Feb 16, 2014 Salima Sikandar rated it really liked it
Shelves: colors
This book has been written by Dr. Seuss and is illustrated by Steve Johnson and Lou Fancher. This is a very interesting book which enables teachers to teach children about emotions. Another part is that, the story has linked emotions with colors which are in general and help understand about the emotions and personality. This may also help students in guessing other person moods and feelings. It can be good way for children to express feeling through colors as well.

LEARNING EXTENSION
I will ask s
...more
Robby Burke
Mar 12, 2016 Robby Burke rated it liked it
Dr. Seuss' "My Many Colored Days" is concept book with colors and illustration that cover all the pages with deep colors that drenched with emotion. My Many Colored Days is a book that is very different from other books from Dr. Seuss. The rhymes and made-up words which are known to be iconic for Dr. Seuss, are not in the book. Instead there is a simple process of reading and articulation that the readers can do. The colors and images together with emotions and moods. The children who read this ...more
Maram AlNajrani
Dec 09, 2014 Maram AlNajrani rated it it was amazing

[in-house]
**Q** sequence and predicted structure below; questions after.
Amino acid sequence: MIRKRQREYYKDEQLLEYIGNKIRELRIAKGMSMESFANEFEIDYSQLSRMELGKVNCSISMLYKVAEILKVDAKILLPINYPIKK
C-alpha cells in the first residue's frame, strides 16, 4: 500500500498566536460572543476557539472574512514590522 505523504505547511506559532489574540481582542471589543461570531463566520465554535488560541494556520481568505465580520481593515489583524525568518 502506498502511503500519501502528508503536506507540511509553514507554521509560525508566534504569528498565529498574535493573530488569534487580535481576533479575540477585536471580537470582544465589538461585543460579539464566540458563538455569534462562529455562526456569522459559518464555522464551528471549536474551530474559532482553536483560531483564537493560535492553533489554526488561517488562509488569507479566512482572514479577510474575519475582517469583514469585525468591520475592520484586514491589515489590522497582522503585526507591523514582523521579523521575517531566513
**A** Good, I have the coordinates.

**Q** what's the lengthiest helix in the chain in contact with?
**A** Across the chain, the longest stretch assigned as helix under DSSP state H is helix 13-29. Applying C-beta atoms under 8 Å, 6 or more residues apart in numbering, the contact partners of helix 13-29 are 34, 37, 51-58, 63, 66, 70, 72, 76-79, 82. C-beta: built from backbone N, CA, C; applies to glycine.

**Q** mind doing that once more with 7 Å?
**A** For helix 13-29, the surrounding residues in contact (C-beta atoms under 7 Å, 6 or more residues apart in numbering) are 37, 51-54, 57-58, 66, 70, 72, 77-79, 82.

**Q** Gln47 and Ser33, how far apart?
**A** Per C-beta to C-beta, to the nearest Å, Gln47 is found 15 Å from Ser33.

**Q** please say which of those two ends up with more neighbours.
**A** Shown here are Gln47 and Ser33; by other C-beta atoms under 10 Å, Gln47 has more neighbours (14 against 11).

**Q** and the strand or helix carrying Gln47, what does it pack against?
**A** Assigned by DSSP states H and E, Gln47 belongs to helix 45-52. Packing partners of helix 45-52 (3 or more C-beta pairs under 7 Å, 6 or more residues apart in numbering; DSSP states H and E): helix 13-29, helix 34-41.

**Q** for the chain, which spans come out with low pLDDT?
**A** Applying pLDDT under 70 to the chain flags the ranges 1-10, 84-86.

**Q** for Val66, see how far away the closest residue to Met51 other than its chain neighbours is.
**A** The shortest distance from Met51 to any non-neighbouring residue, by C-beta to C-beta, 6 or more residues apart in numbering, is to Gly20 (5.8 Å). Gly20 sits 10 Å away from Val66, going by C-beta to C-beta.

Perfect illustrations.
Michel
Aug 23, 2015 Michel rated it really liked it
Recommends it for: Tannor
Shelves: eleole, graph, youth
A posthumous Dr. Seuss, illustrated by 2 artist painters, a poetic emotional barometer.
This delightful little book helps children's awareness of mood and emotional states, their own and that of the people around them, using light and color pattern as brilliant metaphors.
Geneva Roberts
Feb 06, 2014 Geneva Roberts rated it it was amazing
Shelves: feelings
This book is now one of my all time favorites. The illustrations are so unique, somewhat abstract but at the same time give a clear picture as to what the story is saying. I love how this book discusses the feeling of the emotions and goes a step further with associating it with color. The book is a great book for children even in a wide age range to read and learn about feelings. The rhyming of the words really made the story flow and kept attention of my kids and myself. Another hit by Dr. Seu ...more